I just moved into a home with a swimming pool, It is so green, what can I do to make it nice and blue.?

Just moved into a home with a swimming pool, The water, and pool are very green, and full of frogs, what can I do to clean it up. I have never had a pool before. I need help? What is it that I need to buy to fix this problem.

13 thoughts on “I just moved into a home with a swimming pool, It is so green, what can I do to make it nice and blue.?”

  1. Lol, Windancerhil and I are on the same page on this, I’m a pool pro as well. Two approaches here:
    Taking a water sample in to your local pro, explaining what type of filtration and sanitizing equipment you have. Also let them know if it’s a concrete pool or vinyl as that will help them determine your course of action. Treatment can vary according to the information you give them so try to be as accurate as you can. It might sound silly, but also mention if you are on a well or city water and if it’s a well, take a sample from an outside tap, not your kitchen sink, as they will be different due to your house’s water softner. They can then, at the same time, suggest what you will need during the pool season.
    The keys to having sparkling pool water , when you get rid of the algae and debris ( there will be things on the bottom right now, around the main drain in particular that will surprise you) is keeping your water chemistry balanced (check Ph, Cl ( or bromine), and total Alkalinity), salinity if a salt pool, on a weekly basis. Vac the pool at least weekly and perform pump strainer and filter maintenance weekly.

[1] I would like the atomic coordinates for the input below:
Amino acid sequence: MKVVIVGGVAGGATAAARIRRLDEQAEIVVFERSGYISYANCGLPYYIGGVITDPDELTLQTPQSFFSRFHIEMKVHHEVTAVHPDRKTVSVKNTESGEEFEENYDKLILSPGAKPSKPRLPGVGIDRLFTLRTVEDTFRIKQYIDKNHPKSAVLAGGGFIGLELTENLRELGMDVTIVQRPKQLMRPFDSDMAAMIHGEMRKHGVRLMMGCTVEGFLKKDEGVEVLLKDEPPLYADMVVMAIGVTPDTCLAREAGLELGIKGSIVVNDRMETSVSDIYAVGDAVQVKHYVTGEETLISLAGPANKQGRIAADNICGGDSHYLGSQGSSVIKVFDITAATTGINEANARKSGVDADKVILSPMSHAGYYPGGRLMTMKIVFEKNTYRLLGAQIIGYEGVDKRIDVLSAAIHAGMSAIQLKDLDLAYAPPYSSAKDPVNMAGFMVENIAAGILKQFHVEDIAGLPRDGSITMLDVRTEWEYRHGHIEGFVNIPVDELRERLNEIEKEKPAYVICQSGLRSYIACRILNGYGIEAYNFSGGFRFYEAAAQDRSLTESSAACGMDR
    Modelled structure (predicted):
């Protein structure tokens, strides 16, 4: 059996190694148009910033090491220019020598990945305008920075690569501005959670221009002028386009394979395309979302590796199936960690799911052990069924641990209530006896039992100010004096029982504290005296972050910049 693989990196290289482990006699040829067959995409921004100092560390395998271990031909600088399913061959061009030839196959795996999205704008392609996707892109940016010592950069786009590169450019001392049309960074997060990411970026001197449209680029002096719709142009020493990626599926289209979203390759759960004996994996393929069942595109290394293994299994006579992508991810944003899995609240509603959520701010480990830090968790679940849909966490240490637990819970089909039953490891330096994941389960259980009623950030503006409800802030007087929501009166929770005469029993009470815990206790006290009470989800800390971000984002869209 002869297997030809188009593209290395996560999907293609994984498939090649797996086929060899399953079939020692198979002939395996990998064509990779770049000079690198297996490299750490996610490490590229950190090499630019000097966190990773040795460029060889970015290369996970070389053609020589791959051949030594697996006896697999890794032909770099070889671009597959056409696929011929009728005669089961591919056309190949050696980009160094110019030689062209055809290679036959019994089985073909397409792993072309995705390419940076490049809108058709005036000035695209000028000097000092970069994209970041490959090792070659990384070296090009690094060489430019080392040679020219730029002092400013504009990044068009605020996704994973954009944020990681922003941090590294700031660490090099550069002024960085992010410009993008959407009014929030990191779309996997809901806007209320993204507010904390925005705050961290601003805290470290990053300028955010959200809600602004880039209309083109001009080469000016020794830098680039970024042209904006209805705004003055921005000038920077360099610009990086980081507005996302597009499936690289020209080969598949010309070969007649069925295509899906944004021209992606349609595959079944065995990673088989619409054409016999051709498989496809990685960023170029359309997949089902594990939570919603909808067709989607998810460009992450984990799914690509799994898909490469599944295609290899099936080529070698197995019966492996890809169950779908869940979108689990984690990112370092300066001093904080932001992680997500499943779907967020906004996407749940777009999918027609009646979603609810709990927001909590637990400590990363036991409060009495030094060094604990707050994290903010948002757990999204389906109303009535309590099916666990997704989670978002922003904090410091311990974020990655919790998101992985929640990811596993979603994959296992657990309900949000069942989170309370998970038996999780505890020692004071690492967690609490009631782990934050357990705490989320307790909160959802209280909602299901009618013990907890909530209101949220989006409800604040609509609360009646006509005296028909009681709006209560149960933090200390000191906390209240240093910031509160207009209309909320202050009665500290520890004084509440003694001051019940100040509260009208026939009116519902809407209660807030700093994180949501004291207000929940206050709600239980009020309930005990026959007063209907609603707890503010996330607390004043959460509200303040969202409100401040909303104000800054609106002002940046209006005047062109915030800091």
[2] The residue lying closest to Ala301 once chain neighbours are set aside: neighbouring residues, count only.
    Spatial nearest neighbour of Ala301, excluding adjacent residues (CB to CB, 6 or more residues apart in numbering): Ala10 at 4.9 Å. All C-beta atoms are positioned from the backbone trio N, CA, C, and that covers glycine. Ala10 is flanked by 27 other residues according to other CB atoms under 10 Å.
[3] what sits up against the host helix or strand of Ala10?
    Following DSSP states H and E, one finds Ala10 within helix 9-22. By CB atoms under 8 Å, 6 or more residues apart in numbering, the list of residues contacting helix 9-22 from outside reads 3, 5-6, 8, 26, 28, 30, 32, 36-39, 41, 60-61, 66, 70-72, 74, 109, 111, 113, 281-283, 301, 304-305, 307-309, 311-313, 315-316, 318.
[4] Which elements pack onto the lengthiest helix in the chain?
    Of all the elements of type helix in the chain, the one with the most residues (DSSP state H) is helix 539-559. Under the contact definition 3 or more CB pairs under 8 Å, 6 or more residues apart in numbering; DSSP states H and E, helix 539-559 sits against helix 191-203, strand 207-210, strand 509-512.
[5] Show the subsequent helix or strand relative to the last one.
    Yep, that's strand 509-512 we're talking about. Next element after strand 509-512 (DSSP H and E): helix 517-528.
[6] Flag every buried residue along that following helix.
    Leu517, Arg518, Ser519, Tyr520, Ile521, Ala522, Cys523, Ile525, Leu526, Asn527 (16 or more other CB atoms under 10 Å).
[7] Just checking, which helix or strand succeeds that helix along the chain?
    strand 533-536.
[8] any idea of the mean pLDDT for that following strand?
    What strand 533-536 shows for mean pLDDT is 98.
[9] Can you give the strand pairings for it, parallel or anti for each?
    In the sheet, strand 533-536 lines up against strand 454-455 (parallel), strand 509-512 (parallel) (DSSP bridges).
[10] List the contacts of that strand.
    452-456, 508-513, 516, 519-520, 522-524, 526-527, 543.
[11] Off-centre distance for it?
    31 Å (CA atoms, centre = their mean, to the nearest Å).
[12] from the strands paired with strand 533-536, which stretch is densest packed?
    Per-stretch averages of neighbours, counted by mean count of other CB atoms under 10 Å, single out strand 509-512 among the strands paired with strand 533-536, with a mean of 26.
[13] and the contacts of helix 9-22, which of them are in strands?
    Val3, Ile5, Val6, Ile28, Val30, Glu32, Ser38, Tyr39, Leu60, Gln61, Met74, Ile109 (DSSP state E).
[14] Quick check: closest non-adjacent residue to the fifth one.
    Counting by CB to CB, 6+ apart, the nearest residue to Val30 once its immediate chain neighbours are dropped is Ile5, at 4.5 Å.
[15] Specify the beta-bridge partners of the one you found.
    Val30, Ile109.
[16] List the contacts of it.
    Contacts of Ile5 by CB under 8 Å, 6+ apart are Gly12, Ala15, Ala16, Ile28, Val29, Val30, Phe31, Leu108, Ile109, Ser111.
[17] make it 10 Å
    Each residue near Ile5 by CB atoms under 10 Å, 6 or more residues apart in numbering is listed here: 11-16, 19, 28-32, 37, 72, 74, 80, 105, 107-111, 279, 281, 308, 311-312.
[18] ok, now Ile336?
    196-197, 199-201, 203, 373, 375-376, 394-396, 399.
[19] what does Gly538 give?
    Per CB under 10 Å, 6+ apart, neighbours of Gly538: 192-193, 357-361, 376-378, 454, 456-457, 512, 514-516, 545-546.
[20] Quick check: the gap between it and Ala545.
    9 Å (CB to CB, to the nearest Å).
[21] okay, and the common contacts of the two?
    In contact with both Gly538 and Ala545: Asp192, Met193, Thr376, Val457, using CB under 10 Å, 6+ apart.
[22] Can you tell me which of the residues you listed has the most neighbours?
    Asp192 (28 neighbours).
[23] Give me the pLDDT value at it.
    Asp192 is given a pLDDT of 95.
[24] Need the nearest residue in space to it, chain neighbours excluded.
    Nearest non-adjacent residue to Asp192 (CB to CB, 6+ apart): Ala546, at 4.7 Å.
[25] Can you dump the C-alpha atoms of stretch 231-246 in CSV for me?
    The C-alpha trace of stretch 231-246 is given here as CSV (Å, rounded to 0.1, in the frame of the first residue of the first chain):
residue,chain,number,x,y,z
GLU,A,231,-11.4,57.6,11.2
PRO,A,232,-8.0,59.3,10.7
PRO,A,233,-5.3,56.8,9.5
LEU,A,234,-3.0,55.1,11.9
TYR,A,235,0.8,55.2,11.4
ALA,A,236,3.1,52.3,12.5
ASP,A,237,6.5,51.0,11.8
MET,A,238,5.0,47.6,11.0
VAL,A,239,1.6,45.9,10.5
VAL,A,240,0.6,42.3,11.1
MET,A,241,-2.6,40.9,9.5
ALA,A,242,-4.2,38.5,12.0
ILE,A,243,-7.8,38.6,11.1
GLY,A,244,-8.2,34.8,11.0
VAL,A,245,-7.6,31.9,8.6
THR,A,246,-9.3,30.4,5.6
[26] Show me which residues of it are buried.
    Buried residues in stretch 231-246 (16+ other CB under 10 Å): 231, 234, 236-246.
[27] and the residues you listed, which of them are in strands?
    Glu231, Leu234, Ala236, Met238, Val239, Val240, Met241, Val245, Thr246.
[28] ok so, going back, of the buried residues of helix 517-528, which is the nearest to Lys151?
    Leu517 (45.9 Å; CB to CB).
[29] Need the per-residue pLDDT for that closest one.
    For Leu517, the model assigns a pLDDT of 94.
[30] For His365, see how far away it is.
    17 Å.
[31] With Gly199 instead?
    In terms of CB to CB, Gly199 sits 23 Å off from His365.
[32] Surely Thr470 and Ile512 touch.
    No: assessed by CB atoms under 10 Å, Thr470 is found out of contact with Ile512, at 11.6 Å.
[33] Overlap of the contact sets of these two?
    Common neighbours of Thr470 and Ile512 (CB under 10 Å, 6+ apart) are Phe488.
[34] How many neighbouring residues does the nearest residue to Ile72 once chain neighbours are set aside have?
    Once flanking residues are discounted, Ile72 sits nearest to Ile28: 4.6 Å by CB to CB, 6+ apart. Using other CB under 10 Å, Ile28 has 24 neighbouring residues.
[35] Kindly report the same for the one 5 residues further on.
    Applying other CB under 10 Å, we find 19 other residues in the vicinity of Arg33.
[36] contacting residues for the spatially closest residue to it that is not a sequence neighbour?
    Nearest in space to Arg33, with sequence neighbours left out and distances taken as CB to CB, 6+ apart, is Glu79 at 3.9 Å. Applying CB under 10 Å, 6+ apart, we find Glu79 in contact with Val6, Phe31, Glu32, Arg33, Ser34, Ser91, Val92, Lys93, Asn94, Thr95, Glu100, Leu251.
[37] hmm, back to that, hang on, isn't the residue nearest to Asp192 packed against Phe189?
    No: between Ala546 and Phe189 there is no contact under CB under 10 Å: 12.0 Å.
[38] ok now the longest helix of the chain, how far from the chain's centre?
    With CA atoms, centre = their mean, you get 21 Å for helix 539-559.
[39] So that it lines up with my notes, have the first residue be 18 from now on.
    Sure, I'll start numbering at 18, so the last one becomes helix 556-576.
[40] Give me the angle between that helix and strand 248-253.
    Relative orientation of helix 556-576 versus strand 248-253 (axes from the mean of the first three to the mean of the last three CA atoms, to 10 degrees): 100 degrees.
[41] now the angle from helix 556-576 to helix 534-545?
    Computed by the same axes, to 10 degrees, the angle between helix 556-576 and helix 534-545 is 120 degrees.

Another avenue is to have a service company come in for the first month or so to get you going.This is actually, even though it may sound expensive, isn’t and you will get your pool ship shape faster. They will be able to determine if it’s more cost effective to start from scratch like a drain and wash and if that’s even an option for your pool. Some you can’t without running far too many risks (vinyl pools for example and some concrete pools in high water tables). Also, from my experience, almost every pool in a home that was put up for sale has been neglected for the last season. The previous home owners don’t tend to spend any money on them period. There may be other issues regarding equipment, or for that matter the pool itself, that a pro can spot and tell you if it’s worth repairing or replacing. No point in spending all that money in chemicals if the pool is in such bad shape structurally or in the case of a vinyl pool the liner being so rotten, that you’ll need to dump the pool in the next 6 months to repair. Another advantage of having the pro come in, is to arrange the visits for a Saturday and either get lessons from the guy or at least watch him and learn. Word of caution here. Any customer of mine that got under my feet doing this, went for a swim, so feel free to ask him questions, just stay out of his path.